New Jersey ~ Property Tax: Equalization Table Affirmed

For New Jersey property tax purposes, the Morris County Board of Taxation’s 2011 Equalization Table did not violate state law or the Uniformity Clause of the New Jersey Constitution.

In promulgating the County Equalization Table, the board adopted the New Jersey Director of Taxation’s Equalization Table, which calculated the average ratio of assessed value to true value of real property in every taxing district in the state. The township argued that the use of averaging in a declining market was unconstitutional and statutorily prohibited. However, the township failed to offer any calculation or testimony regarding what impact there would be to it if the board utilized averaging only for those municipalities that were not experiencing declining markets. Accordingly, it could not be found that the township’s average ratio, as promulgated by the board, resulted in a dramatically or substantially excessive share of the county tax burden.

The township’s argument that the County Equalization Table violated the Uniformity Clause of the New Jersey Constitution also was rejected. Pursuant to case law, applying averaging to all municipalities except those experiencing a market decline would constitute unequal and disparate treatment.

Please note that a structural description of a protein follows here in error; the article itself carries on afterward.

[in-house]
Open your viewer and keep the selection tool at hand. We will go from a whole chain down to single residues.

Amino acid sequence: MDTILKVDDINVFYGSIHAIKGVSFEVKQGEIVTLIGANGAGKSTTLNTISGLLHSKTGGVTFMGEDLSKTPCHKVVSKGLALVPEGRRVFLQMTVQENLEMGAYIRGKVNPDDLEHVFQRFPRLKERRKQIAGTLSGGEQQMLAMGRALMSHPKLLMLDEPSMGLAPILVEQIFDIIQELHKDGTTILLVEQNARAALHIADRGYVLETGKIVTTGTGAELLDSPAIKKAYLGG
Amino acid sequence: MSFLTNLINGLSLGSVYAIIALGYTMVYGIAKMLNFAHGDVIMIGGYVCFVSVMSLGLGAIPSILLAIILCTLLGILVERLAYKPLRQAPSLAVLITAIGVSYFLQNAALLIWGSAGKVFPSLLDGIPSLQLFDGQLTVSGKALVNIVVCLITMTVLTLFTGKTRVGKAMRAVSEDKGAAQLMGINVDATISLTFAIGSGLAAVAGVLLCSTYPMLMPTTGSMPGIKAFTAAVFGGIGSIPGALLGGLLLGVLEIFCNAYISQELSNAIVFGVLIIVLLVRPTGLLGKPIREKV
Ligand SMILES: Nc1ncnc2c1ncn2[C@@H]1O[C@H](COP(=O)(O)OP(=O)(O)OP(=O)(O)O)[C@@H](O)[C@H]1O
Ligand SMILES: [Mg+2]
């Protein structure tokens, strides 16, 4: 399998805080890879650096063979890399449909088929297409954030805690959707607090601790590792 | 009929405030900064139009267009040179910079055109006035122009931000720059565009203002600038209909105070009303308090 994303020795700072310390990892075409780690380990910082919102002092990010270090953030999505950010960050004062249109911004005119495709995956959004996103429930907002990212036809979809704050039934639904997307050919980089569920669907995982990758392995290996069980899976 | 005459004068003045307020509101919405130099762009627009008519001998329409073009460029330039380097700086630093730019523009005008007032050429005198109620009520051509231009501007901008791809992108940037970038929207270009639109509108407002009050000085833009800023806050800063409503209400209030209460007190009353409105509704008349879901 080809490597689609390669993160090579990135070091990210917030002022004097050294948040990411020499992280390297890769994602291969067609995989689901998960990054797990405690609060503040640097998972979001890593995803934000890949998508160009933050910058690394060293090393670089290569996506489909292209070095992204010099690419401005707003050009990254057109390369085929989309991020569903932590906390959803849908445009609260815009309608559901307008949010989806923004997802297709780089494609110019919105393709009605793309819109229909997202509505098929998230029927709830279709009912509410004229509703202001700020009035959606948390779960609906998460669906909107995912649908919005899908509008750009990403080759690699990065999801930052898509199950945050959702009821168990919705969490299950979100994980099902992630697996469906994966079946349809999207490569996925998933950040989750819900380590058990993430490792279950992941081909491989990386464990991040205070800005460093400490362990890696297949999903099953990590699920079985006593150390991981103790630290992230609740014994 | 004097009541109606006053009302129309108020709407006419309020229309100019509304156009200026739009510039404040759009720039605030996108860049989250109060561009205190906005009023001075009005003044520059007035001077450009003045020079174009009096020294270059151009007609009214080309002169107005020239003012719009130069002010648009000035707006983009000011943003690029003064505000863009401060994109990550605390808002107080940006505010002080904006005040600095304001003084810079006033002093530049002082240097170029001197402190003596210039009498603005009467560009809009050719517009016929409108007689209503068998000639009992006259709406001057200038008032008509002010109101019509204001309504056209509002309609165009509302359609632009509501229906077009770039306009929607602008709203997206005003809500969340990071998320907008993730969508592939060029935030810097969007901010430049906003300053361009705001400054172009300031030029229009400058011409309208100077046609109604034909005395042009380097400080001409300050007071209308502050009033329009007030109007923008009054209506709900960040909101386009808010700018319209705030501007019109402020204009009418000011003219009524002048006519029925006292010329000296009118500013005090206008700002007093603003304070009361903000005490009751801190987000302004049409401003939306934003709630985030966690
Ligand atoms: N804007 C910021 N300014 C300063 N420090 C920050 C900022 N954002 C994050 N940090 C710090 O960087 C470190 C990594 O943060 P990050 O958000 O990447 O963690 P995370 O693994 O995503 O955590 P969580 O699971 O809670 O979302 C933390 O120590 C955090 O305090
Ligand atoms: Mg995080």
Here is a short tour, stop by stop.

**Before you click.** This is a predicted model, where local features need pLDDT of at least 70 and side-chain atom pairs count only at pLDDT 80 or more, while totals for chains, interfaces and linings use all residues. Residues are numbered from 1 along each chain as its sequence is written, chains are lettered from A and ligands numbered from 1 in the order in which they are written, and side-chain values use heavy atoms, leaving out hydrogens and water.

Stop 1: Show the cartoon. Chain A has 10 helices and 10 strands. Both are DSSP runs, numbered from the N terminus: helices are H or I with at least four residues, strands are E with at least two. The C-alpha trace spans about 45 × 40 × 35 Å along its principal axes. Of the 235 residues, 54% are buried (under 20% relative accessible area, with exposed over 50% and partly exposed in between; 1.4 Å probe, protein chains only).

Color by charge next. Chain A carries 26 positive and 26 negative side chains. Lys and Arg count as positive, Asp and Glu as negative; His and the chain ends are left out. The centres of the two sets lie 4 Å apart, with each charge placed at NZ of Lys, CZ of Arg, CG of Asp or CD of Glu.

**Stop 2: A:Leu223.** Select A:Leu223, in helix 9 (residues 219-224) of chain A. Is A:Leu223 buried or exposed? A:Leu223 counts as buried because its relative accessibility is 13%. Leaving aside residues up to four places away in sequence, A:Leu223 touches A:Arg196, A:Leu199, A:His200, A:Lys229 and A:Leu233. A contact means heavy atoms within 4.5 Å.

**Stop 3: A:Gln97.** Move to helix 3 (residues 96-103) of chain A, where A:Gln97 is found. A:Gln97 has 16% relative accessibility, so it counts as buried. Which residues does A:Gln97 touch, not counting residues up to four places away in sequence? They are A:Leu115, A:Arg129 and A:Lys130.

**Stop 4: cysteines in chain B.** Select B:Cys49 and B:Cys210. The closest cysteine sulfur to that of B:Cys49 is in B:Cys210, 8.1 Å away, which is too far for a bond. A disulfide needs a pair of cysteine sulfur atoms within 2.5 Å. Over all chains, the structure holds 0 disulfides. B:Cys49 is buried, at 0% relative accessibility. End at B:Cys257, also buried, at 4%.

The township also contended that, pursuant to N.J.S.A. 54:4-2.25 and -2.26, “100% of the standard value” means true market value and is equivalent to equalized true value. Accordingly, the township argued that N.J.S.A. 54:4-2.25 and -2.26 prohibited the board from apportioning the township’s share of county taxes based on a particular average ratio since the ratio was based on an average true value in excess of the township’s equalized true value. However, the statutes apply to county boards of taxation and not to the promulgation of county equalization tables. Furthermore, pursuant to case law, equalized true value is not equal to true market value.

Township of Jefferson v. Morris County Board of Taxation, New Jersey Tax Court, No. 001746-2011, September 8, 2011, ¶401-604

Other References:

Explanations at ¶20-720

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